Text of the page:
The New Battle Over Donald Trump's Foreign Policy
National security advisor John Bolton is increasingly isolated, but the president can ill afford to bleed allies. Rand Paul wants to see through the president’s prerogatives.
As 2019 gets underway, allies and confidantes of President Donald Trump continue to swim in the choppy waters around the West Wing, each seeking time with the principal in order to pursue their own private agendas.
The president’s policy prerogatives are clear, and often, formally announced: a pullout in Syria, a drawdown in Afghanistan, and possibly, a reevaluation of the American commitment to NATO.
But if only it were so simple. The president is short on public allies to back him on a considered, level-headed policy course that—and this is key—flouts the authority of an up-in-arms establishment.
Central to the drama is Sen. Rand Paul, the president’s one-time primary opponent.
“We’ve won the war in Afghanistan! We need to learn how to declare victory and come home. We shouldn’t be there nation building. [Trump] gets this, but so many in Washington are lost and confused!” Paul said Thursday.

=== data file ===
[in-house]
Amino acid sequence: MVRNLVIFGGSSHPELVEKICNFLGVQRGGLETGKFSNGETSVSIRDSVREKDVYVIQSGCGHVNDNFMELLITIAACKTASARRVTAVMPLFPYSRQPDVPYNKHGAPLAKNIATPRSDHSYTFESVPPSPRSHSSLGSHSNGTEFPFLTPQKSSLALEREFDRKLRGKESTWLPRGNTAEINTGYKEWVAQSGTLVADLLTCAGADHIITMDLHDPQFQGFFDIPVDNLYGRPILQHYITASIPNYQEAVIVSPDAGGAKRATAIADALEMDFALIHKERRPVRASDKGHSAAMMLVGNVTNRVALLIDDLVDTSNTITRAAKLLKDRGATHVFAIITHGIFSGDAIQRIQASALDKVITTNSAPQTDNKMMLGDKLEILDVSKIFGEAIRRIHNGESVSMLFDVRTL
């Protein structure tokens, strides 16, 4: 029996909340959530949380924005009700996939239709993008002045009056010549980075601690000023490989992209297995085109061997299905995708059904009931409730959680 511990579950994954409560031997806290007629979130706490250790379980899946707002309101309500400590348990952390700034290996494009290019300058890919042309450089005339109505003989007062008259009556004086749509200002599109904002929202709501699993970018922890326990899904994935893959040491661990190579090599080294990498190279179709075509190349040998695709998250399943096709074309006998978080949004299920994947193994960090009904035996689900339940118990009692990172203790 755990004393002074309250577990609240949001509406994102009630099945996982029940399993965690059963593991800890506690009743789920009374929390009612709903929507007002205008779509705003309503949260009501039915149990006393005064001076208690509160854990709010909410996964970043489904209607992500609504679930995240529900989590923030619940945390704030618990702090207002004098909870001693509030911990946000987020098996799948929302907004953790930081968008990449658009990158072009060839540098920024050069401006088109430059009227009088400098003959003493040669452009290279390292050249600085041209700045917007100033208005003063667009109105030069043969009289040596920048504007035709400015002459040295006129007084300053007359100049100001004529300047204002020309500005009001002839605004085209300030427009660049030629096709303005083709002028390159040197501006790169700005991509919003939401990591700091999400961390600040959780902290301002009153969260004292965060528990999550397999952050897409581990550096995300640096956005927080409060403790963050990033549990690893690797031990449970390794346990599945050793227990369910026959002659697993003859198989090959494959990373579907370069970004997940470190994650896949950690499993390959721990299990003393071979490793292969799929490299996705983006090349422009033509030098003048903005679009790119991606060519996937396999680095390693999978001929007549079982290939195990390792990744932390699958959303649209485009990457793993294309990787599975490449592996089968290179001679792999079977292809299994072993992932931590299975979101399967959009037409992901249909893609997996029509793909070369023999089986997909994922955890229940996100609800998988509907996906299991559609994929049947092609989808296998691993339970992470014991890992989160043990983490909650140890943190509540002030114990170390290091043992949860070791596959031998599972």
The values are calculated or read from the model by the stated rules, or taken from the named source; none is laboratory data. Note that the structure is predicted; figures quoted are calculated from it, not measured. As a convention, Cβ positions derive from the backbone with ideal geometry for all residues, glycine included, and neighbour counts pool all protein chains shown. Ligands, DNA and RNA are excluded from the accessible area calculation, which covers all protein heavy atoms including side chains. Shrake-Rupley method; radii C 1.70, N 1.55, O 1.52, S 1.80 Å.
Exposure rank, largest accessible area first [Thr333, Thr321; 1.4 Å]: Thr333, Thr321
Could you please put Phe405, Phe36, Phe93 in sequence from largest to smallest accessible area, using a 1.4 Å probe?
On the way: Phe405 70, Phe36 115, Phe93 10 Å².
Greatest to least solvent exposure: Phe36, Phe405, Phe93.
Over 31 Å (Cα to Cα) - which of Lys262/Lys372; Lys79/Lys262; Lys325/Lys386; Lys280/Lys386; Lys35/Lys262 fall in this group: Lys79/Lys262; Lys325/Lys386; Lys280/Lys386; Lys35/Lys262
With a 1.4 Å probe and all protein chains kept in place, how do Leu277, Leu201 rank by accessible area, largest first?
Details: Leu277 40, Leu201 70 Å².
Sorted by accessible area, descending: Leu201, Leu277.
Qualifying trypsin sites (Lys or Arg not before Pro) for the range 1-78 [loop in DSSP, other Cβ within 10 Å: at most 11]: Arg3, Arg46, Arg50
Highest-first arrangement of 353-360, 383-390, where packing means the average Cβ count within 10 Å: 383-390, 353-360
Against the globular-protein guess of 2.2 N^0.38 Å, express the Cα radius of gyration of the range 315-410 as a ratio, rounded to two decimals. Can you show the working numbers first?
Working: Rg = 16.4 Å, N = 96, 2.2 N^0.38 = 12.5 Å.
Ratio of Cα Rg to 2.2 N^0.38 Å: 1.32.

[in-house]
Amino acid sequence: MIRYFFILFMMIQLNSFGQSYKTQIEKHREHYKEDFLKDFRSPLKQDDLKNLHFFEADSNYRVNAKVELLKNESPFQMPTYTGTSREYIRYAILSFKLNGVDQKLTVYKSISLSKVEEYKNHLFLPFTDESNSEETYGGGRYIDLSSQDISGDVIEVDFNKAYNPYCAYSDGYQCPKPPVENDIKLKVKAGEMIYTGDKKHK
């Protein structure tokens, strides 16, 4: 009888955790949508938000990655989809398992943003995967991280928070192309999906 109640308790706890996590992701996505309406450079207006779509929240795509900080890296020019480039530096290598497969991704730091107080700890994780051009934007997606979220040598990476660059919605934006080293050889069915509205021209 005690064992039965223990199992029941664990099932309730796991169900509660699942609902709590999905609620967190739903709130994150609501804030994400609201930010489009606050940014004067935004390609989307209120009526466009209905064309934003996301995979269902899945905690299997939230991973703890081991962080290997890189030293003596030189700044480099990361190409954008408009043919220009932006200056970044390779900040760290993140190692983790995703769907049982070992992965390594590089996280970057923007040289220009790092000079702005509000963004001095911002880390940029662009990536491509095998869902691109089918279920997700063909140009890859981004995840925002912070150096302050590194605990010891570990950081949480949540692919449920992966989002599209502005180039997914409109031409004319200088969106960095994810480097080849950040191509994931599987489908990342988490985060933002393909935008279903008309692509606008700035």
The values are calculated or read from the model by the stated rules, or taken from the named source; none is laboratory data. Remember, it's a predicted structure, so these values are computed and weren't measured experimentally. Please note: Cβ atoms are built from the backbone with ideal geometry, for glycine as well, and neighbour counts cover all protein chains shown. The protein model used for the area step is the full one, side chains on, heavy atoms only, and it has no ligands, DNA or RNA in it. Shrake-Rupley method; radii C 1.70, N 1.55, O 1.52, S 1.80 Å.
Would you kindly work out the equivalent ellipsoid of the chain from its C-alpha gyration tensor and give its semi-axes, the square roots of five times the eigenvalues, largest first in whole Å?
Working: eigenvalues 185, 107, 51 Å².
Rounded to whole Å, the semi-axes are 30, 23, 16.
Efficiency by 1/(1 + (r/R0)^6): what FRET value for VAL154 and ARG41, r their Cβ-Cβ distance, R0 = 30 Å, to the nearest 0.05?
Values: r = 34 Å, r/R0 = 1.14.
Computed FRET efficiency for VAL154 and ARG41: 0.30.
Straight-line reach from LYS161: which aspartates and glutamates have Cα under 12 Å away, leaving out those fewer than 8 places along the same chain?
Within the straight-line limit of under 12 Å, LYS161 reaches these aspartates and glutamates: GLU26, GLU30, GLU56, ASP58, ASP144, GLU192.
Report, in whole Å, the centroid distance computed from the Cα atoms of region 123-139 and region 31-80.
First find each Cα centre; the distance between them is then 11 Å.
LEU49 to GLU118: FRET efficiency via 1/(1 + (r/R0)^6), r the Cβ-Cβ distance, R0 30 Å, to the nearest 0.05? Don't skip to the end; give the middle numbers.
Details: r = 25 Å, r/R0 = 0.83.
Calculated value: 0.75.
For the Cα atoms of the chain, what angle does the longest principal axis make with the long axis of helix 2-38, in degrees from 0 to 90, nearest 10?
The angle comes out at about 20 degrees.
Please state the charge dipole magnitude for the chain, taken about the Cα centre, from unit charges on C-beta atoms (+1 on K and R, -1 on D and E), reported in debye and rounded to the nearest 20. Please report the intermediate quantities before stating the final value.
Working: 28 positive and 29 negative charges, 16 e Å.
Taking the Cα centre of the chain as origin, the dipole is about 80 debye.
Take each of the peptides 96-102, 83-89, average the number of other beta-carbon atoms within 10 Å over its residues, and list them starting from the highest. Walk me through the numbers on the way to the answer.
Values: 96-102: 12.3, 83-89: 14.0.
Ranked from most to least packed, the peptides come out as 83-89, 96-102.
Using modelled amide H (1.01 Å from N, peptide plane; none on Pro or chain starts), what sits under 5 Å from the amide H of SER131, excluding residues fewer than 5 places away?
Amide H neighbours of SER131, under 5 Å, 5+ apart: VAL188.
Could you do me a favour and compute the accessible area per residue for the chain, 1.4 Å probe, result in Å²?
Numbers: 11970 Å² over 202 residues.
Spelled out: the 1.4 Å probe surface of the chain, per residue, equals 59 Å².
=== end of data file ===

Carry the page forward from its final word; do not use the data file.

“I have never been prouder of President Donald Trump,” Paul said Wednesday, noting that he’s been ducking in and out of the White House all week. “Putting America First means declaring victory in Afghanistan and Syria. President Trump is delivering on his promises.”
Two years in, Trump has struck a de facto alliance on foreign policy with realists in Congress, many libertarian-leaning, that had been long hoped for by many in that contingent.
As Rep. Thomas Massie, a steadfast Paul ally, told the American Conservative foreign policy conference in 2016 in the days following Trump’s shock electoral victory, Trump had been, after Paul, effectively his second primary choice for reasons of war and peace.
“I think there is a spot in the Republican Party for those of us who don’t want to intervene in everyone’s business,” Massie said. “This is going to be our political territory, I think.”